Upcycling is reusing an old item in a way other than its original purpose. The goal is to prevent it from ending up in a landfill or with a wasteful fate. On the surface, upcycling seems like a great way to reduce waste and consumption. However, the majority of examples and suggestions on how to upcycle items are usually just a mild step above throwing it in the trash.
The internet is filled with tutorials on how one can “upcycle” plastic bags to make little flowers or art projects. Unless you want to live in a home filled with plastic arts and crafts, these upcycling projects aren’t practical. Assuming that someone eventually throws the items out (either a friend, family member or producer from the show “Hoarders”) that plastic craft will end up in a landfill eventually anyway.
What we really need is for practical and useful ways to reuse common non-recyclable items such as plastic bags, Styrofoam and disposable coffee cups. Here are some ideas on how to prevent our most common items from ending up in landfills:
Upcycling with plastic bags
Plastic bags are problematic for people wishing to reduce the amount of waste that they send to landfills. While plastic bags are technically made from recyclable material, they are most likely not accepted at your local recycling center. This is because plastic bags wreak havoc on the sorting machines at recycling facilities — they get stuck in all sorts of different places throughout the process. As a result, most recycling centers do not accept them. There are ways to recycle plastic bags, but it involves dropping them off at locations that might not be convenient for you.
Turn plastic bags into plastic sheets
You can turn plastic bags back into a useable product fairly easily. Here’s how to create a thicker, more useful piece of plastic sheeting:
1. Preheat the oven to 400°F.
2. Cut off the handle areas from the bags (you can reuse this plastic later as well).
3. Line four bags on top of each other. Make sure they are stretched out and laying flat on top of each other.
4. Set an iron to medium heat and press down on those suckers like they are your favorite pair of wrinkled pants. If after a few once-overs the bags aren’t sticking together, turn up the heat on the iron. If holes or bubbles start to form on the bags, turn the heat down.
5. At this point, you will have a plastic sheet, but it won’t be very sturdy. To make it sturdier, place it on a baking sheet and cover it on top and bottom with parchment paper. Put another baking sheet on top and weigh it down with a brick or a rock.
6. Bake the plastic sheet in the oven for 30 minutes.
7. Take the plastic out of the oven and tell your family you baked a plastic cake and pretend to put icing on it. They won’t find it funny, but it’s not about them.
Do this with as many bags as you want. You’ll have plastic sheeting for all your craft and home improvement projects without ever having to purchase any.
Upcycling disposable coffee cups
Disposable coffee cups are usually not recyclable, although some coffee chains are looking into possible ways to change this. Coffee cups are normally not accepted as part of curbside recycling either. This is due to a thin layer of wax on the inside of the cup that is used to prevent the liquid from making the cup soggy. The wax prevents it from being recyclable. People often believe that these cups can be thrown in with their curbside blue bin program, only for them to be tossed into a landfill later on.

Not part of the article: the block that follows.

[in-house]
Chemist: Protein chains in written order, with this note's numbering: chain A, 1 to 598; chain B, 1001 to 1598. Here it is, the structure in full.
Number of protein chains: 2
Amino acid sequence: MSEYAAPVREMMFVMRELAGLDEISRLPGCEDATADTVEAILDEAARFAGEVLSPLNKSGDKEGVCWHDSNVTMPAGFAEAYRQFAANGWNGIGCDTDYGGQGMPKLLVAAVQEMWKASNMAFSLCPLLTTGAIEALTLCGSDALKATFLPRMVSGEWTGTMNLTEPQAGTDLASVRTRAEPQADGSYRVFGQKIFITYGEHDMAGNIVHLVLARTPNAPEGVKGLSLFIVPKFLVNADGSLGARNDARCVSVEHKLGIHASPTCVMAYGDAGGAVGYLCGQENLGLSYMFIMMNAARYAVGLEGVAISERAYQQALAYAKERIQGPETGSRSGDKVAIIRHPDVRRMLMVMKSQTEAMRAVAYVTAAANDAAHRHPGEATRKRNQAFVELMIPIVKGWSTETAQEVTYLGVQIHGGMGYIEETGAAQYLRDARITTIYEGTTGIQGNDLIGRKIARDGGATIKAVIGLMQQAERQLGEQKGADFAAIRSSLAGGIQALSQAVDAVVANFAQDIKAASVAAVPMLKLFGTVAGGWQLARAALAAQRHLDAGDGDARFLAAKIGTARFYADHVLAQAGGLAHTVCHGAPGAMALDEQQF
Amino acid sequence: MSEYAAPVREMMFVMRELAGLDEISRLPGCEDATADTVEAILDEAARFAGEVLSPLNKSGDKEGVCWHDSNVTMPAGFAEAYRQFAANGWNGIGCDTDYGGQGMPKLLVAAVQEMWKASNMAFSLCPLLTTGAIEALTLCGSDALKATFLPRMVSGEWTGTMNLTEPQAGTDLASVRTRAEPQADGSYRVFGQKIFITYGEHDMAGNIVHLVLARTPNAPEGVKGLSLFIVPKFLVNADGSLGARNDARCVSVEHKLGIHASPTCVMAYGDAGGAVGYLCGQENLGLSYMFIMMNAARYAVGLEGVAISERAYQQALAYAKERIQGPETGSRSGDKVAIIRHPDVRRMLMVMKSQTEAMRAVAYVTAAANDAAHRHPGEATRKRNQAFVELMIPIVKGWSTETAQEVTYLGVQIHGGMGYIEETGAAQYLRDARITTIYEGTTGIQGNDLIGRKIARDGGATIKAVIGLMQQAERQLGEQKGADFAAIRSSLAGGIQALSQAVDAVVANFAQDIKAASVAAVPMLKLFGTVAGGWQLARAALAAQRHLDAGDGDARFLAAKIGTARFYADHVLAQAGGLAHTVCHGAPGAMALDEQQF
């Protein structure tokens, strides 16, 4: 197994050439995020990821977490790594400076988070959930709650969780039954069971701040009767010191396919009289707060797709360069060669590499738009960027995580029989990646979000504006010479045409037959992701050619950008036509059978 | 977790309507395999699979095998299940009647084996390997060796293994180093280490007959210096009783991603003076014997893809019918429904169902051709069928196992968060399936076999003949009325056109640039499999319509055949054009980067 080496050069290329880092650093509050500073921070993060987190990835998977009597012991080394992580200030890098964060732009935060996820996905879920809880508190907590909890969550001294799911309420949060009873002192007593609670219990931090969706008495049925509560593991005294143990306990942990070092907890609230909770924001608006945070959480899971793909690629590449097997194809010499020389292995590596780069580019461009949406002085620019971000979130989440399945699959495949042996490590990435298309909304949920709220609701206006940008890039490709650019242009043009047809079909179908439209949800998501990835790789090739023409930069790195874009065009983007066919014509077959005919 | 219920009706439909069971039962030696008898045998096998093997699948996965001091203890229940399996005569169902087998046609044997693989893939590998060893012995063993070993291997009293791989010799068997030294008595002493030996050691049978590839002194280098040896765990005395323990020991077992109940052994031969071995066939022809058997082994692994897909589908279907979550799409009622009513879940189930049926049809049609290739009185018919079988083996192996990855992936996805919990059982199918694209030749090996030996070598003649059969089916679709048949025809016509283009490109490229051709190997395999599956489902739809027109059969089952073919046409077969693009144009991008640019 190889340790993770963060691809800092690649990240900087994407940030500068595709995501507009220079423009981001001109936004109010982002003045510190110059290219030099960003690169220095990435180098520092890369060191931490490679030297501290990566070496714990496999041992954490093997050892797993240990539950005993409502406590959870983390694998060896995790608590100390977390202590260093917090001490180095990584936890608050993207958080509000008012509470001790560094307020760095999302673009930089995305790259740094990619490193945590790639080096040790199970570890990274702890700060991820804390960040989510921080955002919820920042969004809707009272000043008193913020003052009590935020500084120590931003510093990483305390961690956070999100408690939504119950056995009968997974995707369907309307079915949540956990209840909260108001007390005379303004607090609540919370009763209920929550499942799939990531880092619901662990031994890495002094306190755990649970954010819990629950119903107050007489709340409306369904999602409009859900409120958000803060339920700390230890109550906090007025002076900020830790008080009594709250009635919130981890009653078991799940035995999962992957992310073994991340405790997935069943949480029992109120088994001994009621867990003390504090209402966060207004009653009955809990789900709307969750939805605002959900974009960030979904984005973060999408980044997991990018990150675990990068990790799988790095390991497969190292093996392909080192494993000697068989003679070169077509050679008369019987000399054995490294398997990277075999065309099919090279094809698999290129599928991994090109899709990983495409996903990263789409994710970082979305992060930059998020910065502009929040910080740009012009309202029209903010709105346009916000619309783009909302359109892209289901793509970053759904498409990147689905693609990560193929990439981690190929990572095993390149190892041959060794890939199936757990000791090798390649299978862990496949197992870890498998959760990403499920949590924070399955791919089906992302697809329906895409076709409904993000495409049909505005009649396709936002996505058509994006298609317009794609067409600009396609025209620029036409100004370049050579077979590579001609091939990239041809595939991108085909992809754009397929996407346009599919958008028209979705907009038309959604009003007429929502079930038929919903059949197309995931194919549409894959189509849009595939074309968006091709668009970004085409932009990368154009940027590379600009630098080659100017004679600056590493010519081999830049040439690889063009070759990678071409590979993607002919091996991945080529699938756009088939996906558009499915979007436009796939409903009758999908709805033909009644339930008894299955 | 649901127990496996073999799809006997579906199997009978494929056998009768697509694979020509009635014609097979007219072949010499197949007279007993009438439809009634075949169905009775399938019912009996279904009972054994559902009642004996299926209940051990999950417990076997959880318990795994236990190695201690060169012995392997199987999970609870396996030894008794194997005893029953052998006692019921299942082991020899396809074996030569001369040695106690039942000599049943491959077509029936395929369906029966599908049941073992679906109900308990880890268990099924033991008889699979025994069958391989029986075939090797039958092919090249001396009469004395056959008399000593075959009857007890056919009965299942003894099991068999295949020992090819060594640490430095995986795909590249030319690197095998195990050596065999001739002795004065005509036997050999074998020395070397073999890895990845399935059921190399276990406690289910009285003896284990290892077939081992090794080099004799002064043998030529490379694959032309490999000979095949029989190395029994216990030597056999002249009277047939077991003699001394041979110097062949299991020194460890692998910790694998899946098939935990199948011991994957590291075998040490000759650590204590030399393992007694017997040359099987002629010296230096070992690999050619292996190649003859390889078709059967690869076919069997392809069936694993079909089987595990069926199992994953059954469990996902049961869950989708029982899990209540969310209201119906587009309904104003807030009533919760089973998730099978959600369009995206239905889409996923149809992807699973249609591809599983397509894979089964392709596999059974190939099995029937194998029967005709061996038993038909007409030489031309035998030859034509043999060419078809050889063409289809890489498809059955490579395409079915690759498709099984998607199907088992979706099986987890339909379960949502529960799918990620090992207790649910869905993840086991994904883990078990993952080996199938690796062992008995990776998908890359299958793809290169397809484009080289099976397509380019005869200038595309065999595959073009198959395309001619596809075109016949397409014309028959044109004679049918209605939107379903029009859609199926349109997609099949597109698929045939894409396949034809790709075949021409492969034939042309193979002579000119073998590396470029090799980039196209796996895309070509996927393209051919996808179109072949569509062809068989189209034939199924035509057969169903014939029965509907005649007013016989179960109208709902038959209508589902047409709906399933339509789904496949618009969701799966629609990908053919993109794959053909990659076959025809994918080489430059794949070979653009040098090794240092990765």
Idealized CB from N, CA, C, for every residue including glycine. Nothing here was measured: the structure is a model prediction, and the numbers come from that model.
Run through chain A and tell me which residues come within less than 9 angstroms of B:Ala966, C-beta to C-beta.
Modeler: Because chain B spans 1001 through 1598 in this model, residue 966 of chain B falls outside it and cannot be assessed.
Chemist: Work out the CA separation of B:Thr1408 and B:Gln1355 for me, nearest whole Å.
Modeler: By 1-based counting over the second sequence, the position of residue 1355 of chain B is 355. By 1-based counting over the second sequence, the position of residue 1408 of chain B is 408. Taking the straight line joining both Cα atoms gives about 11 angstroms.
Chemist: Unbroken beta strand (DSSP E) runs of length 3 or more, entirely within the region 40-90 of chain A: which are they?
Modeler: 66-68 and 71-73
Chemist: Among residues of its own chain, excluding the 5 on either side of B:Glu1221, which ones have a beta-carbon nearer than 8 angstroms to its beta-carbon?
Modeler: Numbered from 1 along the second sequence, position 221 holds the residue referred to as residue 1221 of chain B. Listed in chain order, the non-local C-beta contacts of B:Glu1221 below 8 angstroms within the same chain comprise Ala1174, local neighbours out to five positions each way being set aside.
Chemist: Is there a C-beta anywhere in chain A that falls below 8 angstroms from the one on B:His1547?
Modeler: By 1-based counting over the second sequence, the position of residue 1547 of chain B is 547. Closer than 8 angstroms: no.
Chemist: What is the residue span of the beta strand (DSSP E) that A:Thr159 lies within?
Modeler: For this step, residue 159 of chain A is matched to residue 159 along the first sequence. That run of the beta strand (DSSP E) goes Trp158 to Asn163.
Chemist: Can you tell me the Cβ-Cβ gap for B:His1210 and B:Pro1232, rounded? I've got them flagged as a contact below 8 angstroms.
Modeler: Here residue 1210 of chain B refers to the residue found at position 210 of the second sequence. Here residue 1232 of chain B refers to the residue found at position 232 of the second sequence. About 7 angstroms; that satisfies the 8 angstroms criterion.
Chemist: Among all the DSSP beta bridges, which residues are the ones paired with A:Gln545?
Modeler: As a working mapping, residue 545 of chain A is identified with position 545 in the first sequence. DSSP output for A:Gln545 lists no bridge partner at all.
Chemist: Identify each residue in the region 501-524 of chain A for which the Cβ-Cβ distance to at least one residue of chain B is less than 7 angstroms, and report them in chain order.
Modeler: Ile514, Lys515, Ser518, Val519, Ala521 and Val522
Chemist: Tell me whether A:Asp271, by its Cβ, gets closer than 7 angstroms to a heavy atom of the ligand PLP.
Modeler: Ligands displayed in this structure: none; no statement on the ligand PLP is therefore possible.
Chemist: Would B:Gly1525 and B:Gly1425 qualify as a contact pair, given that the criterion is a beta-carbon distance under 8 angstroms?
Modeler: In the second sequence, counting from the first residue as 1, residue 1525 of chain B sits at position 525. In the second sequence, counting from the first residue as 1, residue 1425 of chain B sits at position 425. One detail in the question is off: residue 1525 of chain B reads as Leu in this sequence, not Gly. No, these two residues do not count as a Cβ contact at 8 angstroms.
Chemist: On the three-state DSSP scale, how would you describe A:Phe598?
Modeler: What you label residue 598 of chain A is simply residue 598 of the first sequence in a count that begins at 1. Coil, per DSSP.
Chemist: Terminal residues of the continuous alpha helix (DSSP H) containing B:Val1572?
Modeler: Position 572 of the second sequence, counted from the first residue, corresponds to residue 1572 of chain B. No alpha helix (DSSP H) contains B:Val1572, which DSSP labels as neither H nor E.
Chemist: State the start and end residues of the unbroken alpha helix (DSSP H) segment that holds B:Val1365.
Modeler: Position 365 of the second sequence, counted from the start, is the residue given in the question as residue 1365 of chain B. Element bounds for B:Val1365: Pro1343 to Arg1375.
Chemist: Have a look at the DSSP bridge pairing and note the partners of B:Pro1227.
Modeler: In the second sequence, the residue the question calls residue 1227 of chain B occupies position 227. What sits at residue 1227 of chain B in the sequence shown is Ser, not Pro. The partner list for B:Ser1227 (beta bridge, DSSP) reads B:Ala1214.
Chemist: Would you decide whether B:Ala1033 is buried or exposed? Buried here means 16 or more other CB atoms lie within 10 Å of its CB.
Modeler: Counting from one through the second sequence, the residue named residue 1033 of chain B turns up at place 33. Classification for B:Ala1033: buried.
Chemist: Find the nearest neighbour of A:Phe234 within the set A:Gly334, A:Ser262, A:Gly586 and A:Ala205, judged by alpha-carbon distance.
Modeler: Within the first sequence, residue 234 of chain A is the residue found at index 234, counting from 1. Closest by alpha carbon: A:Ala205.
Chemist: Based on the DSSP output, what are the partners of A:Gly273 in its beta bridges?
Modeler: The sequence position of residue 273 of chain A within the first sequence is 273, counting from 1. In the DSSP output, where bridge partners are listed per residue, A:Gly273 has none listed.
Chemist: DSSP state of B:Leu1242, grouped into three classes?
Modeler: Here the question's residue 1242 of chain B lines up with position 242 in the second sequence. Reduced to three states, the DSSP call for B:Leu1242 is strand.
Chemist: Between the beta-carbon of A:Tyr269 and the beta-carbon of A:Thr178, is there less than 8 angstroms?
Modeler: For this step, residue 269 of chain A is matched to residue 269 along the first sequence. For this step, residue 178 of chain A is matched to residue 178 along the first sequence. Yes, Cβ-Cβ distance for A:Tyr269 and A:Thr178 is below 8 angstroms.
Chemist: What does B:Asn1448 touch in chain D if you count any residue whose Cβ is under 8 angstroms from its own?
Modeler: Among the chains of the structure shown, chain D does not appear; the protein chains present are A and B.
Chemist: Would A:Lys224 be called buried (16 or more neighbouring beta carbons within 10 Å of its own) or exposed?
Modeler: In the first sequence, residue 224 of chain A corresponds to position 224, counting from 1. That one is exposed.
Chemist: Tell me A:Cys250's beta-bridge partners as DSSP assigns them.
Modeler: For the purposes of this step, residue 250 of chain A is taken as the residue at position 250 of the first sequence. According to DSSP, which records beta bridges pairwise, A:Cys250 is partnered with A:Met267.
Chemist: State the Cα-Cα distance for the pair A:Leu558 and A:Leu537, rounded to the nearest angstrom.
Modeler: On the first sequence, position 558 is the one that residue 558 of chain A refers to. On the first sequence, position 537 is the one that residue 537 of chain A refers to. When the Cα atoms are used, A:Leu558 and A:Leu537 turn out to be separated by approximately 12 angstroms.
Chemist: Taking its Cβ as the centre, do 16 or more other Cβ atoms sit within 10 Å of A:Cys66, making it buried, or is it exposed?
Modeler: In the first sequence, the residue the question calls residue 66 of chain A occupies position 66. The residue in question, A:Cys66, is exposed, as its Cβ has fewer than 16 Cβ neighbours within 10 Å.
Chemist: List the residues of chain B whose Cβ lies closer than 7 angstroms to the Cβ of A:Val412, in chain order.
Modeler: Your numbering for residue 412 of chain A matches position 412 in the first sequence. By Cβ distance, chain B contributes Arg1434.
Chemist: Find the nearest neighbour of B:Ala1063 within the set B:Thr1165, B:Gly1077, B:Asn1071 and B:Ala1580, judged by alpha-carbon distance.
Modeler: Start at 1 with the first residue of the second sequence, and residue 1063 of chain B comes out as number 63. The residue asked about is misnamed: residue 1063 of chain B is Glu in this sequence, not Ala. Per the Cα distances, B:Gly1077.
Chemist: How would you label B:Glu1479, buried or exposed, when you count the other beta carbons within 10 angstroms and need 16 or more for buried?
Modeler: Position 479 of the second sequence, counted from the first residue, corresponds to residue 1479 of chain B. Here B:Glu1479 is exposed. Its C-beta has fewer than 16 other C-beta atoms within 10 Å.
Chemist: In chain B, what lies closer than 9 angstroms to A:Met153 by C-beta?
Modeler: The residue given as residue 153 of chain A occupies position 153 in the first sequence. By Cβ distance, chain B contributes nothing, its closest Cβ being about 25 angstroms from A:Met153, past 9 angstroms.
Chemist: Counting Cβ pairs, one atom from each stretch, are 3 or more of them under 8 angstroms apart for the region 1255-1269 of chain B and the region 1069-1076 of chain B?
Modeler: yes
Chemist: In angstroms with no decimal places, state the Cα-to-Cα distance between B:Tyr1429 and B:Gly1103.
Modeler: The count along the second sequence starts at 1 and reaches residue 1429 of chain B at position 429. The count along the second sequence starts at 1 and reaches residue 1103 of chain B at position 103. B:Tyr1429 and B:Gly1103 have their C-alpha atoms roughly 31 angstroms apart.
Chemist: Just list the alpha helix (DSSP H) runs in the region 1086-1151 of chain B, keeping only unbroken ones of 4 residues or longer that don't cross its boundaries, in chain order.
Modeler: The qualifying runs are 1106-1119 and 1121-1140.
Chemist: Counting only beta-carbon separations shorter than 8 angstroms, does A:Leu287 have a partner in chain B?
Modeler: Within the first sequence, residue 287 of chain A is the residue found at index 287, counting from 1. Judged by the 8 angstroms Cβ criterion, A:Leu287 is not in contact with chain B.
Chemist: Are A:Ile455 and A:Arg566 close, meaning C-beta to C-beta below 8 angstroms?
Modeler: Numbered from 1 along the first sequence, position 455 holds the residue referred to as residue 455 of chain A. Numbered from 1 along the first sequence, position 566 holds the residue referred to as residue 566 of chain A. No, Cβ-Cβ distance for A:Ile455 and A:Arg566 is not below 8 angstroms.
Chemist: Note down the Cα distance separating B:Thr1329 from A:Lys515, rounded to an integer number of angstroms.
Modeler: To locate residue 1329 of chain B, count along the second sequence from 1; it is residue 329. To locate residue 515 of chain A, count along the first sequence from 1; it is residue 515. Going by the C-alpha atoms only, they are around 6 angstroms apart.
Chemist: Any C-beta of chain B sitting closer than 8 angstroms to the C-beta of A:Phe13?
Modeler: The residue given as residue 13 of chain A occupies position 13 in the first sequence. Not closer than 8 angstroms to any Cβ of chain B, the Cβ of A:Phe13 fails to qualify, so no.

A common upcycling use for disposable coffee cups is using them as “scoopers” for soil, food or any type of grain-like substance. You can also use disposable coffee cups as pen holders, small planters for your garden and decorated lamp shades.
If you want to find a truly productive use for your cups, the best thing to do is shred them and use them in your compost. Many coffee shops will carry cups that have plant-based coatings, making them perfectly suitable to use in your compost. Compostability information is normally listed on the bottom.
One rather ingenious company has actually started placing seeds in their cups so people can plant them after they are finished using them. Eventually, the cups will turn into trees. Now that is upcycling!
Inventing Styrofoam was a very poor decision, but we made it and now that stuff is everywhere. It is accumulating along our waterways. It is in the digestive system of birds and wildlife. Ultimately, it will make its way into our digestive system as well. Styrofoam does not biodegrade. If it does, it takes millions and millions of years to do so. That is why it is so great at holding wanton soup.
Its composition also makes it very difficult to recycle. As a result, we have a lot of this stuff laying around. Take great care to make sure as little of it as possible ends up in our landfills, groundwater and any other nooks and crannies of the ecosystem.
Instead of throwing away Styrofoam, you can use it in your garden. The same features that make Styrofoam great at holding takeout food make it great for using as planters. Martha Stewart has even developed a way to make a soil-less hydroponic garden using old Styrofoam coolers. Other folks have found a way to turn Styrofoam coolers into little mini air conditioners as well.
Should you find you just can’t put all that Styrofoam to good use, there are drop-off locations available that will prevent more of it from getting into landfills.
It is possible to get sustainable use out of non-recyclable items. Sometimes, you just have to be a little crafty.
— Ian Carey